There are no set plans as to where it will go next but I’m hoping it will get into some more festivals inside and outside of Canada, and I’m hoping to put on some smaller screenings in more rural areas as well to help generate discussion. 

What is the one thing that you would say to someone wishing to get into filmmaking, either short or long format, especially now as things are changing at such a fast rate?

I would say it’s a tough journey with a lot of ups and downs, but if you feel truly passionate about it then you should go for it and the rewards can be thrilling. Don’t stress about things constantly changing, just find your voice and be proud of it, and get yourself a camera and start shooting and experimenting as soon as you can. I would also say it’s great to learn a technical skill as well like shooting, editing, or sound design that you can use to get hired by other people in between shooting your own projects.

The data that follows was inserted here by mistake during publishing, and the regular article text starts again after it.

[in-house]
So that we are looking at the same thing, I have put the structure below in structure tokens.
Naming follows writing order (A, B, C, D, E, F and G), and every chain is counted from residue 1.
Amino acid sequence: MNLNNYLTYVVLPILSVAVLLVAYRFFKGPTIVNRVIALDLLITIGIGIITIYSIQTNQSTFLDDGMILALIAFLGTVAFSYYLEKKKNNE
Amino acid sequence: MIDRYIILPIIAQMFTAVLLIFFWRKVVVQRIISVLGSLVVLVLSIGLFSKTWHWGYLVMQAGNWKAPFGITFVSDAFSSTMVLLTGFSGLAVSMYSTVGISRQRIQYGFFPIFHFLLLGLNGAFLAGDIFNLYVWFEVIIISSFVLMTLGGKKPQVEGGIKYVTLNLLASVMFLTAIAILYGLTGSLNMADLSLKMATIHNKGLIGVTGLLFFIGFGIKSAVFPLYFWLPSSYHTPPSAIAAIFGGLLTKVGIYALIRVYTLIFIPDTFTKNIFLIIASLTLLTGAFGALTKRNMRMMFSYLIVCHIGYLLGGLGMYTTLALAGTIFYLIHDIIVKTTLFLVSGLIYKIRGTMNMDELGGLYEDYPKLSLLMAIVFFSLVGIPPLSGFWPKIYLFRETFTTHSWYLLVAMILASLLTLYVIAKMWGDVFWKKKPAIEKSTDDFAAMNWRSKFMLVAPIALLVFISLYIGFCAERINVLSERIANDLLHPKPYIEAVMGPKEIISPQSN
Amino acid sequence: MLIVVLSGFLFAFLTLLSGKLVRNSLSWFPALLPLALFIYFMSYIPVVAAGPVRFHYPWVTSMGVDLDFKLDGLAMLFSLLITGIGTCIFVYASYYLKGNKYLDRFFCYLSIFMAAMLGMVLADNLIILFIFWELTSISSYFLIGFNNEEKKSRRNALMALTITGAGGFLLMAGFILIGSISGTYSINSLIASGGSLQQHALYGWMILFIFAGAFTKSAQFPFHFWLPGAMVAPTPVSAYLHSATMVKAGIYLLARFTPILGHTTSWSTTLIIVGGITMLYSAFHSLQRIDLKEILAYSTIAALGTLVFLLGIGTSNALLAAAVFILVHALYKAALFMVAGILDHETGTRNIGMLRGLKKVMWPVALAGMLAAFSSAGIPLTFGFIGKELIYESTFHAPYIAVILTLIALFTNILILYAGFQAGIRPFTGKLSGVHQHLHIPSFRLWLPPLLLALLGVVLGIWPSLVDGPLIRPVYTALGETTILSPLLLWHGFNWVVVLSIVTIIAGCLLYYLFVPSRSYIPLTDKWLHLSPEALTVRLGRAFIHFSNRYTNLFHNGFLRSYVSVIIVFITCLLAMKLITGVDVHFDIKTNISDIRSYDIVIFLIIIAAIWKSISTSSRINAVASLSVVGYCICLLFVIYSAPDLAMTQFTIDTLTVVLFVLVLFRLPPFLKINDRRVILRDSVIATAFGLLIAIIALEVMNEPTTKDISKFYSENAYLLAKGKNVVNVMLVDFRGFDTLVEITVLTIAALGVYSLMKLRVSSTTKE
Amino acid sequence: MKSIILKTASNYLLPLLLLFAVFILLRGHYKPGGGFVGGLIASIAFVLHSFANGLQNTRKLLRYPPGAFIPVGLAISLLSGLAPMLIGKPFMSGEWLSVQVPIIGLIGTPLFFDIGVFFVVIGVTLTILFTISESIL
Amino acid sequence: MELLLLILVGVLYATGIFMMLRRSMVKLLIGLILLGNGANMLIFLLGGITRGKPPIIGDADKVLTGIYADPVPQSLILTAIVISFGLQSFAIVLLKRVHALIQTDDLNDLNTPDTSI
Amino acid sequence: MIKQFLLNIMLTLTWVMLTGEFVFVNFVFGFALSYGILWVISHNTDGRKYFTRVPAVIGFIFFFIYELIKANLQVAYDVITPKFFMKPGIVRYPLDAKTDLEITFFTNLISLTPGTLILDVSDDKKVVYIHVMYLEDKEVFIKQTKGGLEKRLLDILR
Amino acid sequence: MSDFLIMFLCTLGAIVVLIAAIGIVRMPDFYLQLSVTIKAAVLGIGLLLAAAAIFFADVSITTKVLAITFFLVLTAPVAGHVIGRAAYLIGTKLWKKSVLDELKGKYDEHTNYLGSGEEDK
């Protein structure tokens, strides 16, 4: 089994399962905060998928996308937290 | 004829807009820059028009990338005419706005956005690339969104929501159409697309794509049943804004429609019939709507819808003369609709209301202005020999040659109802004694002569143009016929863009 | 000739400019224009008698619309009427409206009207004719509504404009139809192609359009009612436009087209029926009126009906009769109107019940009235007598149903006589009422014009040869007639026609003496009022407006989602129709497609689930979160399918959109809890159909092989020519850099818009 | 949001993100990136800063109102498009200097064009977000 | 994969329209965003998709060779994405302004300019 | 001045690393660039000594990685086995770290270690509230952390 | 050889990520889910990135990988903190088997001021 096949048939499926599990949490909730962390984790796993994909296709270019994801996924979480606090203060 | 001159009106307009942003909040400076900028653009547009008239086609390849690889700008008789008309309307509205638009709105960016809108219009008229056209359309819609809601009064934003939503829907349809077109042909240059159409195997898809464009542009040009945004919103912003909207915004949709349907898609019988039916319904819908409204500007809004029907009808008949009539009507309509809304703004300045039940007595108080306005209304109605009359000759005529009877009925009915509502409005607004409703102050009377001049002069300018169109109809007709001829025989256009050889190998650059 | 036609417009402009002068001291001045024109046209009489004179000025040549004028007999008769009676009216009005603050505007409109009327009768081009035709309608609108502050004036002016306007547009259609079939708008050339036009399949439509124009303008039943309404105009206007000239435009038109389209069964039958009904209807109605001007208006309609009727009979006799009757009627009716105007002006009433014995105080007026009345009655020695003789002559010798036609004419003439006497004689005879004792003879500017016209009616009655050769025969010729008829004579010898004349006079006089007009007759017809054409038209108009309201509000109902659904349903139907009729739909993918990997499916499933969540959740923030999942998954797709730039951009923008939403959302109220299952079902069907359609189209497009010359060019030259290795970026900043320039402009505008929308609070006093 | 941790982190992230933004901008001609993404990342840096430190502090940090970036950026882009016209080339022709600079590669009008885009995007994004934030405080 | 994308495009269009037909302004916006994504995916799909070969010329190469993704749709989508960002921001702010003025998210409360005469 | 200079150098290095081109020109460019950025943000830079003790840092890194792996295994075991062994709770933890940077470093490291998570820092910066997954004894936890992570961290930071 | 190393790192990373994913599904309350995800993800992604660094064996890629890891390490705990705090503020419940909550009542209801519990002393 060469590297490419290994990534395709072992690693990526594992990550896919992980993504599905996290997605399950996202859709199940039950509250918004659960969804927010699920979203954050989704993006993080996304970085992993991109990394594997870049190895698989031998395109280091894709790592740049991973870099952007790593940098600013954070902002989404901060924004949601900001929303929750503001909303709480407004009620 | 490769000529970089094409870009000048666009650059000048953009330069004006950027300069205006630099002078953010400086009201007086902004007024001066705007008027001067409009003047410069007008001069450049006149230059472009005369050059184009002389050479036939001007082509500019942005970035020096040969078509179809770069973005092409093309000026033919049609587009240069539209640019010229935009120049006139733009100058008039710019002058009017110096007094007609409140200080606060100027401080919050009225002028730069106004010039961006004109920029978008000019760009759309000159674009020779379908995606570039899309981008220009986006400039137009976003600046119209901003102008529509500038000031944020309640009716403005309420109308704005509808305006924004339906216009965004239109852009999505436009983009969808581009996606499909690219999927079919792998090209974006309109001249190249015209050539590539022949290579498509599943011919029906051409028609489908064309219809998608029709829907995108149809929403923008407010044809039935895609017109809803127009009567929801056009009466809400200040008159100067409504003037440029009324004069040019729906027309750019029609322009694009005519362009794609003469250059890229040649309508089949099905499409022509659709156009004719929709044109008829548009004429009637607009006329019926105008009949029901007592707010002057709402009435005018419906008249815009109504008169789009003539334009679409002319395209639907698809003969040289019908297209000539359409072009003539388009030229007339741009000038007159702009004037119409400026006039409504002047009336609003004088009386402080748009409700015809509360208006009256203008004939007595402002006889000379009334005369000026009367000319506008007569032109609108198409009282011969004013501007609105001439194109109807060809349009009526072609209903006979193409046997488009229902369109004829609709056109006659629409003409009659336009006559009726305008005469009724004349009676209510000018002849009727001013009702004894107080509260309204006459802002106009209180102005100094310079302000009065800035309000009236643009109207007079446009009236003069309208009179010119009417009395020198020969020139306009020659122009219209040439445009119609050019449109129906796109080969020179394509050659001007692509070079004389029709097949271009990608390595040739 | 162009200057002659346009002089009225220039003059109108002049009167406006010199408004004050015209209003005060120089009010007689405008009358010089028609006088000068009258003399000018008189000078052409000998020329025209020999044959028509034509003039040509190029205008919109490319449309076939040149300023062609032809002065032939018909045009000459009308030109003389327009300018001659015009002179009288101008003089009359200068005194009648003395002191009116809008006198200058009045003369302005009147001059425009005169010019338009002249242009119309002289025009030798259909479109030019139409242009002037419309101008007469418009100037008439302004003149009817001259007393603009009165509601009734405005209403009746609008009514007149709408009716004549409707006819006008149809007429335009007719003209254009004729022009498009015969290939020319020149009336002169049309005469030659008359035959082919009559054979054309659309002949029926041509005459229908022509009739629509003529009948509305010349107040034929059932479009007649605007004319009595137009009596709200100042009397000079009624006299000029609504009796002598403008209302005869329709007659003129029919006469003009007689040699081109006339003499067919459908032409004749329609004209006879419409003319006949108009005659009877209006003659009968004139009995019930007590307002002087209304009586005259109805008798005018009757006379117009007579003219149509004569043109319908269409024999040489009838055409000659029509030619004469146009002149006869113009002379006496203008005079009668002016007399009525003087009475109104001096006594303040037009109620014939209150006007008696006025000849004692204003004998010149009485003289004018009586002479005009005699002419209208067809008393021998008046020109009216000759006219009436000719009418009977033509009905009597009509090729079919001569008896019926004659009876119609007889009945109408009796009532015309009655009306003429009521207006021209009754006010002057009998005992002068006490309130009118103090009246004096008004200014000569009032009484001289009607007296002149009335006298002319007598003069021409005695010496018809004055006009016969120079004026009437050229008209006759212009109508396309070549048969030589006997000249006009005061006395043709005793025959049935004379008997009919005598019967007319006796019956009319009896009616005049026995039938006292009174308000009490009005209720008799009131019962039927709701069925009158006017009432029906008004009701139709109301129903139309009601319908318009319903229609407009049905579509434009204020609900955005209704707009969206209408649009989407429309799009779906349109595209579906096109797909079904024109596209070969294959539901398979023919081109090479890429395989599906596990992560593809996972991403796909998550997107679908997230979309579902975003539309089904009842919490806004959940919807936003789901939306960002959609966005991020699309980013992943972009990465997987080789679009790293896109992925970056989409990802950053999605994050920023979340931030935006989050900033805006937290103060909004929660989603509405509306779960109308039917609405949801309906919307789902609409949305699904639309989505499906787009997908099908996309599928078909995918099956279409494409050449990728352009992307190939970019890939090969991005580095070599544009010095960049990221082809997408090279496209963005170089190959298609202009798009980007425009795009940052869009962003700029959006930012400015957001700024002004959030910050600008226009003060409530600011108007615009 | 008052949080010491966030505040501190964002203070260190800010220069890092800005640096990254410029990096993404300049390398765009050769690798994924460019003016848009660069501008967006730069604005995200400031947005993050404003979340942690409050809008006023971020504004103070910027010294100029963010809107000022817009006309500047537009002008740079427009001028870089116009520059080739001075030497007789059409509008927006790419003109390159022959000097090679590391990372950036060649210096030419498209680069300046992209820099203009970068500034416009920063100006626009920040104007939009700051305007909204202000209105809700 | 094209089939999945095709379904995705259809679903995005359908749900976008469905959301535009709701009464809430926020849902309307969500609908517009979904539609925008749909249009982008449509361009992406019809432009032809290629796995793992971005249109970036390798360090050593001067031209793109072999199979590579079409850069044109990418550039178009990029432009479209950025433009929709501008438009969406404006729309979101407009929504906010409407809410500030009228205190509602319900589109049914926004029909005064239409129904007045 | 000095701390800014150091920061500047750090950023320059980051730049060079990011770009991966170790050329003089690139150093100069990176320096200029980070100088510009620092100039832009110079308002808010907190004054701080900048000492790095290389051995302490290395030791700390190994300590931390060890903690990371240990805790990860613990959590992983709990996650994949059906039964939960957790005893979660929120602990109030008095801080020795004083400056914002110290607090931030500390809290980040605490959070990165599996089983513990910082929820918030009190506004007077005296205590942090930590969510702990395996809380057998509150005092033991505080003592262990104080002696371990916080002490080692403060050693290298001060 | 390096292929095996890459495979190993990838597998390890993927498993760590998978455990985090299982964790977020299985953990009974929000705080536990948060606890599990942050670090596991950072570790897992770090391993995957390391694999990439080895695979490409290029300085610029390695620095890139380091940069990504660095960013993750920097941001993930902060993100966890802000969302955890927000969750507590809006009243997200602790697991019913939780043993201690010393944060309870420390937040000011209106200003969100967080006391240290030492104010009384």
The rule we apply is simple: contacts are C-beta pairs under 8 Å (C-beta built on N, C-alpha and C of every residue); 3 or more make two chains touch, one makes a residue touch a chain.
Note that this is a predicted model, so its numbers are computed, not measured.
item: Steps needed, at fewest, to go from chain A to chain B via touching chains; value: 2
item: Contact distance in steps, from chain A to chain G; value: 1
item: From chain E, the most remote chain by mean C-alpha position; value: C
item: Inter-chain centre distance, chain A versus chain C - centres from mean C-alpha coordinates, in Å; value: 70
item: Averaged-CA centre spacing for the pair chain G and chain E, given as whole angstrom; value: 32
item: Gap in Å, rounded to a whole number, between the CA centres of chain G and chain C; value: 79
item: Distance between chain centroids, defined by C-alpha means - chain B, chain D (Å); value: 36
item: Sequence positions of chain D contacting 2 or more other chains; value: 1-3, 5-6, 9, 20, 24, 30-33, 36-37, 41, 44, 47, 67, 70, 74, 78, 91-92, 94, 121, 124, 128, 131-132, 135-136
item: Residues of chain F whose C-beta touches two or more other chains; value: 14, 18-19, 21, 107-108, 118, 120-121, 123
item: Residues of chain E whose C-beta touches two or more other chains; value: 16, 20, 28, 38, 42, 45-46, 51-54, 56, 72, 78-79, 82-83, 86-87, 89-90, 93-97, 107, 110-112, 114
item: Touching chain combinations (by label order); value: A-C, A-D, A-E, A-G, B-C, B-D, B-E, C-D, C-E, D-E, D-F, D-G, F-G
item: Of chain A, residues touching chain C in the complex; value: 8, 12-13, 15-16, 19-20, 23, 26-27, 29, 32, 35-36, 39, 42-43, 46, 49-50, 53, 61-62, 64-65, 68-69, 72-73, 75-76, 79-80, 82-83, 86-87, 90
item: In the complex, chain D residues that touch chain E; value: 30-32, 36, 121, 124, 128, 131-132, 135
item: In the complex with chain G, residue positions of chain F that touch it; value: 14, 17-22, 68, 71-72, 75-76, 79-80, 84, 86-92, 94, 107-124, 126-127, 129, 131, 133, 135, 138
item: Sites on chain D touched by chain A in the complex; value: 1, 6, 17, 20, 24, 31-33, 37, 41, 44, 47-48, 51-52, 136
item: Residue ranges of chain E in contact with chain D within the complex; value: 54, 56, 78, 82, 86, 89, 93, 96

And finally, what is your favourite documentary of all time and why?

I think one of my big favourites is Koyaanisqatsi (1982). I vividly remember experiencing it for the first time in college and was so blown away by its visual poetry paired with an incredible score from Philip Glass. The film said so much without any dialogue and really inspired me to allow images and sounds to speak for themselves in certain moments without having to rely heavily on any exposition. 

GREY ROADS is now streaming on HotDocs Online!